Posted in: Mobile computers, Windows

HP Stream gets official to battle Chromebooks, will cost more than expected though

Remember HP’s Windows-powered ultra low-cost 14-inch laptop that was supposed to be a Chromebook’s worst nightmare? Well, the HP Stream has finally become official today.

There is one huge caveat, though. While it was previously said to cost just $199, in fact it will start at $100 more than that. $300 still isn’t a huge sum to pay for a laptop, but it’s also not crazy cheap.

The HP Stream will go on sale on September 24. It comes with a 14-inch 1,366×768 screen, and it’s powered by an AMD AR Micro-6400T Quad. This Accelerated Processing Unit (APU) allows for a fanless design, and is meant to compete with Intel’s dual-core Celerons (as seen on various Chromebooks including HP’s own 14-incher, we assume).

The Stream gets 2GB of RAM and 32GB of storage space that’s expandable only via microSD cards. Microsoft will give buyers 100GB of OneDrive storage for two years, perfectly emulating Google’s Drive offer for Chromebook owners. Additionally, you’ll get 25GB of Dropbox storage for free for six months. A 30-day trial for Microsoft’s Office 365 will be included too.

The new laptop will have HDMI out, one USB 3.0 port, two USB 2.0 ports, a combo jack for audio, 802.11n Wi-Fi, and Bluetooth. The battery will be a 32WHr 3-cell unit, which HP claims will last for six hours and thirty minutes of use. The HP Stream will be 0.70 inches thick (1.77 cm), and it will weigh 3.8 pounds (1.72 kg).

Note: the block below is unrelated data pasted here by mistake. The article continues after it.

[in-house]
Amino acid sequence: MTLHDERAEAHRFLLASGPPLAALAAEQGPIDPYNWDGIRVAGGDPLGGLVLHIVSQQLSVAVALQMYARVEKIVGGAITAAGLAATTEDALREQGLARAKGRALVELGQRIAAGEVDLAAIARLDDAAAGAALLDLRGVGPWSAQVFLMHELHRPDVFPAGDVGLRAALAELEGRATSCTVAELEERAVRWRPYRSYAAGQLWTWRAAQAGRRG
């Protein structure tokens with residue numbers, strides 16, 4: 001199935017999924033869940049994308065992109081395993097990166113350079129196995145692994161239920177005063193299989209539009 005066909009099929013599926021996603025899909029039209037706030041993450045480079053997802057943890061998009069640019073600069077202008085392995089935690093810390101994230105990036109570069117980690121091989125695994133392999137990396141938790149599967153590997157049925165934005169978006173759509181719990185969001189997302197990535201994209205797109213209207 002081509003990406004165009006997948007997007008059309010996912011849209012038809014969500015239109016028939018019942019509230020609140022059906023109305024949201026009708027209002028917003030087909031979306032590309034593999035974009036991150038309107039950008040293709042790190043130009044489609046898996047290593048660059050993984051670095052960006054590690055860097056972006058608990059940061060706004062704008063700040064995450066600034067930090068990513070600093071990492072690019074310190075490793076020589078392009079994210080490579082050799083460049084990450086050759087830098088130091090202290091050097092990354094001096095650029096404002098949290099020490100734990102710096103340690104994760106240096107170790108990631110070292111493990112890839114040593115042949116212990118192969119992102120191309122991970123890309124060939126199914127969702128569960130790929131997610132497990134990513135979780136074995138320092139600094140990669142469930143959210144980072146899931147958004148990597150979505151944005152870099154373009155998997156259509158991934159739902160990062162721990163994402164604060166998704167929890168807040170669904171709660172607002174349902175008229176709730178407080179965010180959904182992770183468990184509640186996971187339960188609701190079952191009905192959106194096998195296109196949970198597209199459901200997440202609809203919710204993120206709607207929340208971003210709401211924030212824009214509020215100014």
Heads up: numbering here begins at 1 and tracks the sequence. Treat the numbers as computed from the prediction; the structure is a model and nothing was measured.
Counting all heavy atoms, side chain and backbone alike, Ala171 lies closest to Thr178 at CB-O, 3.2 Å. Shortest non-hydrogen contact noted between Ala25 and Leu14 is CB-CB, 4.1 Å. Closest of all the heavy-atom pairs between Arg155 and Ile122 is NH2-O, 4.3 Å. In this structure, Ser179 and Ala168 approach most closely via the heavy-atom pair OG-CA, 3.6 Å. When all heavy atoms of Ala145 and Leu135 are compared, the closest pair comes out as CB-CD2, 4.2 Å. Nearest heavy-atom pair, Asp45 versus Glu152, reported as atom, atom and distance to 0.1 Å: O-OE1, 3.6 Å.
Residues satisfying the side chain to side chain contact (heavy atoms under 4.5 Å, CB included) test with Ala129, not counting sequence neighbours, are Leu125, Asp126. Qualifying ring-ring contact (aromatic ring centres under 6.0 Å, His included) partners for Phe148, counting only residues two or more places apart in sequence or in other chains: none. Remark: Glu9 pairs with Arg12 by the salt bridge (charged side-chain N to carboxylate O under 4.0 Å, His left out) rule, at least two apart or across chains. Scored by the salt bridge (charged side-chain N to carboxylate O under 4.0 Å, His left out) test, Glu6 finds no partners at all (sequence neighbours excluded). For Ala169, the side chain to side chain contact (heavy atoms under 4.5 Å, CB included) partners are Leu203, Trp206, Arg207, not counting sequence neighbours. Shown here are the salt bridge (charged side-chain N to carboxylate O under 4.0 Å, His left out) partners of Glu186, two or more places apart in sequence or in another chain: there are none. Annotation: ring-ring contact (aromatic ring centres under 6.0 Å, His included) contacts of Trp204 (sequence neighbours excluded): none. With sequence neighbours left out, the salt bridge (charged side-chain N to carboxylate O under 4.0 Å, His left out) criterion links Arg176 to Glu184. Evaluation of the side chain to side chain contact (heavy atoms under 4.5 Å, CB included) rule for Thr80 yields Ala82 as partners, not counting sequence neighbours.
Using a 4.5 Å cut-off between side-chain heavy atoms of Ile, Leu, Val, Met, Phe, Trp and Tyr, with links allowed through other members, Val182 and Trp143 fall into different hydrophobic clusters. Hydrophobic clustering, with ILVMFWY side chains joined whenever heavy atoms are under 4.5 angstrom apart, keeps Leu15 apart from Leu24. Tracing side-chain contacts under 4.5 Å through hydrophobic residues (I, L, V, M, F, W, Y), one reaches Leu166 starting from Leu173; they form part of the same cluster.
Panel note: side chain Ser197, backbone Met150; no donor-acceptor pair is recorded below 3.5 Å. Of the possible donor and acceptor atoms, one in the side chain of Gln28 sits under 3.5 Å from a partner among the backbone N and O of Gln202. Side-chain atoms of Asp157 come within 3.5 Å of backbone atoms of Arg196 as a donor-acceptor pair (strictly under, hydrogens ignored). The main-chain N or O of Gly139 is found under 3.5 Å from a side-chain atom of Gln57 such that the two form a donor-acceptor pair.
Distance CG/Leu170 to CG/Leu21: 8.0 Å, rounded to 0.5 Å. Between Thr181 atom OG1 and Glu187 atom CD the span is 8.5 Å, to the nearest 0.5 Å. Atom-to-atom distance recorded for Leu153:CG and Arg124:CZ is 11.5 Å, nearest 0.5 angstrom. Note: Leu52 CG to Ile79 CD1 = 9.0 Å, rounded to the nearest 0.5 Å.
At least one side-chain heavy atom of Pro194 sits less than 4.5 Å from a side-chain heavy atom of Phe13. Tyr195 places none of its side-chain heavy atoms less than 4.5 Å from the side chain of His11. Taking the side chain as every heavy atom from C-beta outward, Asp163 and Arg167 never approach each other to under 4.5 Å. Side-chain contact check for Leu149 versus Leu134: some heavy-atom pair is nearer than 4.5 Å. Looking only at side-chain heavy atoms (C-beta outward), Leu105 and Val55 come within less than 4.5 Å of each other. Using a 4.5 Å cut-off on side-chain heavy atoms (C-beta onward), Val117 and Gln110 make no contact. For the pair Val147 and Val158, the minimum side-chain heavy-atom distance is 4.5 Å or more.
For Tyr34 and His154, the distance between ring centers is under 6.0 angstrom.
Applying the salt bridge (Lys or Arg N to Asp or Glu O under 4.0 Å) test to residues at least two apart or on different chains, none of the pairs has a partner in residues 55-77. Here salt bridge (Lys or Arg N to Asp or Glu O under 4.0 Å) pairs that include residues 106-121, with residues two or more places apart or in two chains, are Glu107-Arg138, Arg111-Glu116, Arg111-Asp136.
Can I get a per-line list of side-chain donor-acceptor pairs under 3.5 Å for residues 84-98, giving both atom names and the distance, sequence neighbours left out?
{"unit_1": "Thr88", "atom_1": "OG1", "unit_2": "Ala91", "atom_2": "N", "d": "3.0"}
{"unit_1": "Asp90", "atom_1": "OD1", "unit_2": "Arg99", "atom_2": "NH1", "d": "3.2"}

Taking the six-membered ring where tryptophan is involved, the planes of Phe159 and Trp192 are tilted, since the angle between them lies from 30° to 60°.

It will run Windows 8.1, which could at the same time prove to be its greatest quality and its biggest weakness. The former, because it’s not everyday you see such a cheap laptop come with full Windows preinstalled. The latter, because it’s unclear how well that full Windows will perform with such lightweight specs. After all, one of the appeals of Chromebooks is represented by Chrome OS itself, and how little resources it needs to run decently. If HP and Microsoft have the day-to-day performance aspect nailed, then the Stream really could be the first Chromebook killer. Let’s wait and see though.

Source | Via


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